Getting to know the world we share

Mark Fraser is the host and executive producer of "Nature Walks with Mark Fraser"

The art of exploration isn’t gone as a matter of fact, it’s alive and well. The trick is simply being curious then satisfying the feeling. Never let anyone tell you any different! There is so much to explore and learn about in the natural world that most people don’t even realize it. Here is an interesting test, the next time you walk through or even near a meadow, see if you can name all the plants you find- good luck.  Is that too tough, try just the wild flowers or perhaps stick with Trees. You will soon realize that there are so many species of life on the planet we share it is completely unimaginable. Did you know that no person on planet Earth can name all the species? Think about that, no PHD from any science could even come remotely close- It is literally impossible. Sure you could learn the Mammals of your own hometown, in most areas it’s a small number probably in the 50s or so and maybe even the native fish well at least maybe the inland freshwater species. Birds are tougher but insects… Just trying to do that in your own home region, is next to impossible. Getting to know the myriad of species is the secret sauce to life. You see when we know what lives all around us suddenly the world opens up and we realize we are sharing this world with so many others. Some of the complex systems of life are like miniature version of a little universe. Look at the Milkweed plant. On that one single type of plant there are Large Milkweed Bugs, Small milkweed bugs (two different species) there are Milkweed Aphids, Long horned Milkweed Beetles, Monarch Larva, Swamp Milkweed beetle and the list goes on. There is different species of Milkweed plants themselves. The complexity is stunning. Even Beavers have parasites that have evolved to live only on them!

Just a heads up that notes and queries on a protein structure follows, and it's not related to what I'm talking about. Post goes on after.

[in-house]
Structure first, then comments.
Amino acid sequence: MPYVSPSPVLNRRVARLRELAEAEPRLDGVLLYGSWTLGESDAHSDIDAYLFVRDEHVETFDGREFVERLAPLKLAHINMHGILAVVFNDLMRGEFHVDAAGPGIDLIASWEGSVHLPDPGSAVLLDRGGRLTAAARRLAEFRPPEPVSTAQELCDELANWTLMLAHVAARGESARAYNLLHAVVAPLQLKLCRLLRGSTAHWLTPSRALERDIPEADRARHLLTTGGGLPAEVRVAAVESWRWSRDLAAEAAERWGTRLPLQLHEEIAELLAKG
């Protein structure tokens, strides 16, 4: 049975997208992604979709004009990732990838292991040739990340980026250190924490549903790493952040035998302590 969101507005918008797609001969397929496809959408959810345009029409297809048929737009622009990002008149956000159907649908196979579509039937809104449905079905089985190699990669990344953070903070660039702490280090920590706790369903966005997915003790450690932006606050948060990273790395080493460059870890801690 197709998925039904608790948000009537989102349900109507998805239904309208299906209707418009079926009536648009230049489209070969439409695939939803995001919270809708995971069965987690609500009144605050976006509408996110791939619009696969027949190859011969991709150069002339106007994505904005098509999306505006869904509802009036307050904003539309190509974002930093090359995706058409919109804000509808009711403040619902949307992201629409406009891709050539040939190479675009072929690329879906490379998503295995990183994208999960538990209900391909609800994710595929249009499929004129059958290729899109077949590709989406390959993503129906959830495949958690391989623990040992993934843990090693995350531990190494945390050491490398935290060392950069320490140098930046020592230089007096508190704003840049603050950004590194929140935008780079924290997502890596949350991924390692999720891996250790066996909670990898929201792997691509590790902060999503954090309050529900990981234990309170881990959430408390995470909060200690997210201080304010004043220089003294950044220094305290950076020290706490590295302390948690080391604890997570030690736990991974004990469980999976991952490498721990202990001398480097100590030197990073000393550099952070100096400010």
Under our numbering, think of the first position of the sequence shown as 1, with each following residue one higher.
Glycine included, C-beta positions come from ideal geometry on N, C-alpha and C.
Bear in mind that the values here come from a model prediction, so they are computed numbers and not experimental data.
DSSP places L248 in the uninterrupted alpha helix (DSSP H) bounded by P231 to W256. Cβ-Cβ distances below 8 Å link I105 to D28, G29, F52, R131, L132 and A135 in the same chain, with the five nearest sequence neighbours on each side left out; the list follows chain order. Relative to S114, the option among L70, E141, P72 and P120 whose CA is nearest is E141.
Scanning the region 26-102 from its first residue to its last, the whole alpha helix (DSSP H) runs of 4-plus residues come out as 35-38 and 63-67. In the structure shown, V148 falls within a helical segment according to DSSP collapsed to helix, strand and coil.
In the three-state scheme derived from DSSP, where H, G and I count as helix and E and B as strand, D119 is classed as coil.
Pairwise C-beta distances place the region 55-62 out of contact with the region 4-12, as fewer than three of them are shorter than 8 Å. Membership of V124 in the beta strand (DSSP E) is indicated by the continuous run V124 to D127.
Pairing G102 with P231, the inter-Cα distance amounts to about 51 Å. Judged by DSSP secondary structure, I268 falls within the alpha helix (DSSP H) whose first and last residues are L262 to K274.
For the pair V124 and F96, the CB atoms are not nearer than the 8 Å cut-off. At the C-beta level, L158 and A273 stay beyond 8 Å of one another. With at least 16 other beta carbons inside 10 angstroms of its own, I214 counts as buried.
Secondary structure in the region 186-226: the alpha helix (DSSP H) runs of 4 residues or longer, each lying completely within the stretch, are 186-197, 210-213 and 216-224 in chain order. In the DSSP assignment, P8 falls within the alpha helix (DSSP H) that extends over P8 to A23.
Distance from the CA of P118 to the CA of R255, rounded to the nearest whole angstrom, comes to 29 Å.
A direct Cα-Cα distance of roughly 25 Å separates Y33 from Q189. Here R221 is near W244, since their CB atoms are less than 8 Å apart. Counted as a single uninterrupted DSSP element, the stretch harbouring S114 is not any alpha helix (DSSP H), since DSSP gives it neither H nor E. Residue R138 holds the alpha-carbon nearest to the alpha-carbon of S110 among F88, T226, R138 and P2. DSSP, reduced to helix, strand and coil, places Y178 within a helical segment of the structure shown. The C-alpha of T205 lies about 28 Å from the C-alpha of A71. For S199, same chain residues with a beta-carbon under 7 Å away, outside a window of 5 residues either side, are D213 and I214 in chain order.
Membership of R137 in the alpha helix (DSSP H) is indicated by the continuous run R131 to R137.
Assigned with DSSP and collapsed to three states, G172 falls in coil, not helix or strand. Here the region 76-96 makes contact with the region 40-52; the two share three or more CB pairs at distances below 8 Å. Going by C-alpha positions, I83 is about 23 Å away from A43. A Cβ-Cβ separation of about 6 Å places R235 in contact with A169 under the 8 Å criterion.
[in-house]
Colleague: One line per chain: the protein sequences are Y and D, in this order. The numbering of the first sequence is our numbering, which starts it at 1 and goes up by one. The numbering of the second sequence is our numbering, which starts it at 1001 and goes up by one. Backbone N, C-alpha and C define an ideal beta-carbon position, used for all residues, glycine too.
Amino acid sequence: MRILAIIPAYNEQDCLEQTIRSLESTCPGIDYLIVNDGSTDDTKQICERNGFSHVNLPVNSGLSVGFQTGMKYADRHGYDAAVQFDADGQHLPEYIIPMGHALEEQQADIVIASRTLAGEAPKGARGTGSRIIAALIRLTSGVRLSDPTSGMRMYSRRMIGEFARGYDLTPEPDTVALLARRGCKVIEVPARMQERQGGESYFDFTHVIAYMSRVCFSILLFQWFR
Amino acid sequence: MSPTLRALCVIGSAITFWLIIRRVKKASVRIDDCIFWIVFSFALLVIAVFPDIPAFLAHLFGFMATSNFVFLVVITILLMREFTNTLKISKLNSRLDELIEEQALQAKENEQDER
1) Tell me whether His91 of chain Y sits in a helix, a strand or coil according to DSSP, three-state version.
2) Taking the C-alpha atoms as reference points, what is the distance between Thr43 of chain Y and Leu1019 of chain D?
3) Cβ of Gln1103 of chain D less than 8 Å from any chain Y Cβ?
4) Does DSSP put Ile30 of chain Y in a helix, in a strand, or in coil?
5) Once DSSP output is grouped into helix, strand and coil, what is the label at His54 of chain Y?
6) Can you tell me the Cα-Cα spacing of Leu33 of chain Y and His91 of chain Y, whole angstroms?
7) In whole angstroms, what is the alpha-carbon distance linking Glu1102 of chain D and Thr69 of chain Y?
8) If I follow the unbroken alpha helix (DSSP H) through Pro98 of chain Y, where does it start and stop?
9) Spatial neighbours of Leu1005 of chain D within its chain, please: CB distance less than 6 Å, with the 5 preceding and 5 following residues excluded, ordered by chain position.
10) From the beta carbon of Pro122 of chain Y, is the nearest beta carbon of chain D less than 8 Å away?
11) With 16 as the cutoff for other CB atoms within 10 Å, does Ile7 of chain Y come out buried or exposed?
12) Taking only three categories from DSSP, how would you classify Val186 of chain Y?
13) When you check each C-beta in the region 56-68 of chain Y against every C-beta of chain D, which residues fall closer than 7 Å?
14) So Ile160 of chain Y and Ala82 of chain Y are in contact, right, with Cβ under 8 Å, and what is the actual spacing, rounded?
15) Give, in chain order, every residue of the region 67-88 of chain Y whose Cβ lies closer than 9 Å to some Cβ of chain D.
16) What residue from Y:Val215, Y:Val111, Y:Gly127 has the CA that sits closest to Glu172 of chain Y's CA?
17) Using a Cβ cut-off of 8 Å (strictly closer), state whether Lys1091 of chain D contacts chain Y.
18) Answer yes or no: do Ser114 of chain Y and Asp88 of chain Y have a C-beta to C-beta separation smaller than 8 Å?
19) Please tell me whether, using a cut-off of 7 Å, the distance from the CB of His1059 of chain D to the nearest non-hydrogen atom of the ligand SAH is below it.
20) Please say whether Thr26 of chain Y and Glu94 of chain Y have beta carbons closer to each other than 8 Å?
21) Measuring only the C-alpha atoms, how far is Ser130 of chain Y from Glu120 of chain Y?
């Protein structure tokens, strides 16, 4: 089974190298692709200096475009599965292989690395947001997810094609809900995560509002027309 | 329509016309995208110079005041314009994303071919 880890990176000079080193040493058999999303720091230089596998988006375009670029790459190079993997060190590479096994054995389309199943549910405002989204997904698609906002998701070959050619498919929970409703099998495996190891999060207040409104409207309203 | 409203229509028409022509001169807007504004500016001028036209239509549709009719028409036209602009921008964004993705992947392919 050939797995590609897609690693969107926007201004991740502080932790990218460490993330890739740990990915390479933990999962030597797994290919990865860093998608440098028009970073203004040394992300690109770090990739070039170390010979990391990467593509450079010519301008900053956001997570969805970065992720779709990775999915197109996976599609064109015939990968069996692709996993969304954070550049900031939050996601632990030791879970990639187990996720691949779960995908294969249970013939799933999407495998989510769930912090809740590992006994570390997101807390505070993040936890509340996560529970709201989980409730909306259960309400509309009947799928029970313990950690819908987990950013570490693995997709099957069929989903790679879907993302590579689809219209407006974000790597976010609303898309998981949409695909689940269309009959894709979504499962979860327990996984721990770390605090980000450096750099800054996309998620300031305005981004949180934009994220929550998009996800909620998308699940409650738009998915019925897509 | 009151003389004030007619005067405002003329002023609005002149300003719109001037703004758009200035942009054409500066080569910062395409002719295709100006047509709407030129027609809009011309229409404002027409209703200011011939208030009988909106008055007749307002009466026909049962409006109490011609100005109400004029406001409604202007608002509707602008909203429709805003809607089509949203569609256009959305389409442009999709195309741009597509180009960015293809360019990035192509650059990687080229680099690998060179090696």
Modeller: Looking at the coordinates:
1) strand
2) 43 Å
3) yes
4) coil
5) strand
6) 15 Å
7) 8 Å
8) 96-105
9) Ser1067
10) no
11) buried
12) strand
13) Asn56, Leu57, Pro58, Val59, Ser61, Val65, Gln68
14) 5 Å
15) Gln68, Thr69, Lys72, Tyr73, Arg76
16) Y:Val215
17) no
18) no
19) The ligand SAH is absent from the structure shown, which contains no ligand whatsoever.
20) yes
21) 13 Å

So that’s just it, there is plenty to explore. Getting to know the natural world is the best way to begin to protect the wild species that live here. How do we know a species is in trouble, unless we take the time to admire and appreciate their world, our world?  It’s really easy and all starts with a hike or a swim and simply paying attention. When you find a species try to identify it. Learn about its call, its habitat and food source. The more you learn about them the more enlightened you will feel. You can start to memorize bird calls for example. With practice, as you listen to the birds singing you’ll find in time you can suddenly name species that you can’t even see.

It’s a long deep breath of fresh air when you look at the forest with open eyes & mind. Teaching ourselves to reconnect to the natural world brings about wonderful things. Perhaps in time, we can again learn to be stewards of the land, instead of just exploiting it…

Mark Fraser

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